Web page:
Interviews

Introducing: Canadian experimental folk rockers WHOOP-SZO – advocates for indigenous peoples’ cultural identity

WHOOP-SZO!
London, Ontario’s experimental folk / psych / art rock regionalists WHOOP-SZO help create the modern Canadian alt music movement that’s way beyond music alone. These guys seem to be the recipient of many whispers, as they have become equal parts artists, activists and social workers. Supporting the indigenous communities of Canada, they have found ways to turn wishes and complains into a sustained campaign of environmental and social activism. We have caught up with them to discuss their reasons and dive into their latest record Citizen’s Ban(ne)d Radio (Out Of Sound Records). See the full interview below.

Renowned for their cross-genre exp erimentalism, unabashedly unique, WHOOP-SZO is a wild fusion of folk, metal, pop, grunge, and even classical musical stylings. Though radically diverse in tone, WHOOPSZO has crafted their many sounds well, and are able to create immersive musical tapestries that evoke deep emotions while conveying troubling stories of civil unrest via layered harmonies, churning guitar, gritty synth, and a whole psychedelic plethora of other noise.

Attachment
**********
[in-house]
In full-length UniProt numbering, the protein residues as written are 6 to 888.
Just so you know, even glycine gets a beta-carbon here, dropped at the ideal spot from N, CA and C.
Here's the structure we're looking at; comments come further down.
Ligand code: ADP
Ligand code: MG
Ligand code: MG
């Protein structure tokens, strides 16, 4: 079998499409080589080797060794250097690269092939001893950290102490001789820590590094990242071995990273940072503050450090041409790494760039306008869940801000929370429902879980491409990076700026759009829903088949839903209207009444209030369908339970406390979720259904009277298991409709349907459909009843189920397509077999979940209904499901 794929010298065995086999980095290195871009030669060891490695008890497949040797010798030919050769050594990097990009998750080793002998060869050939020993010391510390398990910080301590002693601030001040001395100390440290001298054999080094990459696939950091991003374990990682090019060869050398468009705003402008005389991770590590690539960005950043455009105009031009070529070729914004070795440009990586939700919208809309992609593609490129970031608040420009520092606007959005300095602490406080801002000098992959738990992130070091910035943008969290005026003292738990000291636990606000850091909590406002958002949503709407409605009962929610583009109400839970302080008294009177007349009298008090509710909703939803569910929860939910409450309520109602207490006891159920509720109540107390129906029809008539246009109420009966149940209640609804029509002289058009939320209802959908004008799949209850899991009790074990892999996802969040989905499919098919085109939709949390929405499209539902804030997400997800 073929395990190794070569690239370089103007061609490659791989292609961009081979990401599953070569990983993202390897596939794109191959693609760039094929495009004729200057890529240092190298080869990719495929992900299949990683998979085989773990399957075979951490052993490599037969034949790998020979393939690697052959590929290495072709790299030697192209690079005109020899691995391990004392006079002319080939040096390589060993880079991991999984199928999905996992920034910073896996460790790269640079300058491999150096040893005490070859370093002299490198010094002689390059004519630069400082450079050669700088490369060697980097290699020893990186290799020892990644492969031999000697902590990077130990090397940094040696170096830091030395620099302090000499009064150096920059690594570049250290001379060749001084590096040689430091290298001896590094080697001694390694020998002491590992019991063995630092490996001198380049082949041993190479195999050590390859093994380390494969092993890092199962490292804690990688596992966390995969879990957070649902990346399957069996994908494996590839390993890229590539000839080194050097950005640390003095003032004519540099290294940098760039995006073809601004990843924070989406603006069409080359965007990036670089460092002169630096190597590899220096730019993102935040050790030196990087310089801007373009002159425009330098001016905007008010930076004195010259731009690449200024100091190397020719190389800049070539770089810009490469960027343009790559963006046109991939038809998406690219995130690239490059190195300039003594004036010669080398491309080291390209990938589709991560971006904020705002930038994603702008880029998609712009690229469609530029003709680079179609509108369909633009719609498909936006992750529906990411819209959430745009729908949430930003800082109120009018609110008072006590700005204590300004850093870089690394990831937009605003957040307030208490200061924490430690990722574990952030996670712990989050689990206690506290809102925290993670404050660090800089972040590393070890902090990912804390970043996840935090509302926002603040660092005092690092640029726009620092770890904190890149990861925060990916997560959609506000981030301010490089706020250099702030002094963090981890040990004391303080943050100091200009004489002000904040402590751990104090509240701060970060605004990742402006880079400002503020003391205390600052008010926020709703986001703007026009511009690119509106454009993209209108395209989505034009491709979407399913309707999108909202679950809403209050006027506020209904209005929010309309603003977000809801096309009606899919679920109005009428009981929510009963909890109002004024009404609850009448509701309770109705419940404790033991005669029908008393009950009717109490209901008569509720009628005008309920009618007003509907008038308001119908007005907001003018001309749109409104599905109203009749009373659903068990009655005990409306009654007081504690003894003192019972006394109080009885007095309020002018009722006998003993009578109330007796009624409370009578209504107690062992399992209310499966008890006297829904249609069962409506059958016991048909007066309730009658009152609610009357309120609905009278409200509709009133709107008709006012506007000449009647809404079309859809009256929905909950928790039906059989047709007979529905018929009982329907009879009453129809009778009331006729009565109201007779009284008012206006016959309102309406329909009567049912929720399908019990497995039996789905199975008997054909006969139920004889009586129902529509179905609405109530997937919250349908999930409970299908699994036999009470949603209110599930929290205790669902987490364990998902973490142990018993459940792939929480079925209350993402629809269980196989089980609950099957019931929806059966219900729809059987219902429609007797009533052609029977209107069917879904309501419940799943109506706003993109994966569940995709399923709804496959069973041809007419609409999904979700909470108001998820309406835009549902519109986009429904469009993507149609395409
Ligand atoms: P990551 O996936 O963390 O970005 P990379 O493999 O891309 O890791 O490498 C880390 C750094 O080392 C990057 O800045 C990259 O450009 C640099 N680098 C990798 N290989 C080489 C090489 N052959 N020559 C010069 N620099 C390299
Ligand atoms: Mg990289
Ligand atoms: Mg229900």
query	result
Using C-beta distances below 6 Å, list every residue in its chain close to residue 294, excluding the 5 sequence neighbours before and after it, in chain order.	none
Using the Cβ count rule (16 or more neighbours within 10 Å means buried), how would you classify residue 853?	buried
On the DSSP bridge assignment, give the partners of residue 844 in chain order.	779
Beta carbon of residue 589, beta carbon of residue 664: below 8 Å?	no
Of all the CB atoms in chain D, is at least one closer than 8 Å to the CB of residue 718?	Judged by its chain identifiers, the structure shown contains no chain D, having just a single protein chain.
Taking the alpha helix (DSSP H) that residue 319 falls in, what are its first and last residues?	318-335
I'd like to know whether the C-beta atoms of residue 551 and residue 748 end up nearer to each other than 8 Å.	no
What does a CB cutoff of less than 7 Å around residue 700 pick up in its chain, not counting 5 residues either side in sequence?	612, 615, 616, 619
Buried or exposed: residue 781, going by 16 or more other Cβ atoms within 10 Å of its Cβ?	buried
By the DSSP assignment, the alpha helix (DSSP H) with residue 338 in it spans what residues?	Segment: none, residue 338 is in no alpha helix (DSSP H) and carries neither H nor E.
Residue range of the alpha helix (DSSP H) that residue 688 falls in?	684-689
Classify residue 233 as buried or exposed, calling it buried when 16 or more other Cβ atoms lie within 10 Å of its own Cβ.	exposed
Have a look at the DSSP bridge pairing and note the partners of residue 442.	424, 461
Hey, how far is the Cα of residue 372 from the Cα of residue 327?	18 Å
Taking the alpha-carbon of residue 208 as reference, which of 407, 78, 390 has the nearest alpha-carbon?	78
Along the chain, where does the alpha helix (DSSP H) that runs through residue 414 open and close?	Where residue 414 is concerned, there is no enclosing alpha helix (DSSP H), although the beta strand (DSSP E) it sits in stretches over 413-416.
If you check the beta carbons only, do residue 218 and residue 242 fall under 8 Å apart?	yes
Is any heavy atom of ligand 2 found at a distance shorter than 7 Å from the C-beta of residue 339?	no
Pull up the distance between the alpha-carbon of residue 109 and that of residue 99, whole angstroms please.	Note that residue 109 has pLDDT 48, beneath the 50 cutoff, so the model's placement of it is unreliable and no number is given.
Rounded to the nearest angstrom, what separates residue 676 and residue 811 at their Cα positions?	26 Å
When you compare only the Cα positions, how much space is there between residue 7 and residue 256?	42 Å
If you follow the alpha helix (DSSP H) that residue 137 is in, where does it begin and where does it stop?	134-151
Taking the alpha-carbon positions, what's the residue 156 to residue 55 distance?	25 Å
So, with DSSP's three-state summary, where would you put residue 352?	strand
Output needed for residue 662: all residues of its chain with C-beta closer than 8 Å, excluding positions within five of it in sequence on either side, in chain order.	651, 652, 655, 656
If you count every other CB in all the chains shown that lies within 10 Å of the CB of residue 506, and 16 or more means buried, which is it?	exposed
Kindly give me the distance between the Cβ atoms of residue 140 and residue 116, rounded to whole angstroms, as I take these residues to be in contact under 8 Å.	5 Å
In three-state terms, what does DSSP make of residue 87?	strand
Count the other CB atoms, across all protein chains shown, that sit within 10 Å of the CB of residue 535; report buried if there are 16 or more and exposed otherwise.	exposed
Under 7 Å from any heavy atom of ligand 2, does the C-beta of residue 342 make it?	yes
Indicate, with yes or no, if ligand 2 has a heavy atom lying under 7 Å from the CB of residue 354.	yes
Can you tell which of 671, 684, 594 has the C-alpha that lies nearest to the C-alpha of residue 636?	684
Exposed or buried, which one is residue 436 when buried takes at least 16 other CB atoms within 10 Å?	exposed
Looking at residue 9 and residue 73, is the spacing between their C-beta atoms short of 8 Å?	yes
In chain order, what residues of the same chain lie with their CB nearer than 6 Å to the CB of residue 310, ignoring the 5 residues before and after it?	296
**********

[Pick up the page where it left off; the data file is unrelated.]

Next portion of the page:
WHOOP szo! band

Hey guys! How are you how’s Ontario this time of the year?

Weather is nice. it’s either temperate sunshine or thunderstorms. Both are very welcome.

Alright, so you’ve just returned from another trek. How were these shows?

Our shows just keep getting better and better. Slowing down a little bit as we get organized for a big 2018. We’re also expecting some new life in the bands; Kirsten is pregnant and due in August, and Adam is also having a baby in early October.

Wow, welcome to the club, haha. So how has touring changed for you guys since you first shows with WHOOP-SZO?

Venues consistently change, as in they are always closing down. Rising rents and a general disinterest in the arts seem to be the culprit. Scenes change quite a lot as well. 2 or 3 years and there would appear to be a turnover, so if communities aren’t working to develop and support new bands, the scenes dry up for a little while. It all comes back around though.

WHOOP SZO record

Can you walk us through the timeline of Citizen’s Ban(ne)d Radio?

CB Radio is a collection, but also a bit of a journey. When we were first putting it together it felt like a compilation of demo’s and sound experiments, but once each track went side by side, it worked into a fairly cohesive mess. It opens up with a track to get you going, out on the highway, not knowing what’s ahead. It falls into a slip stream and pulls you out with syncopated, doom-filled riffs and follows up with a folky serenade. There are beats, and a cover song by our favourite band Elevator. There is a soundtrack experiment and little bit of an electro-folk outro.

Personally, what makes it an exceptionally special release?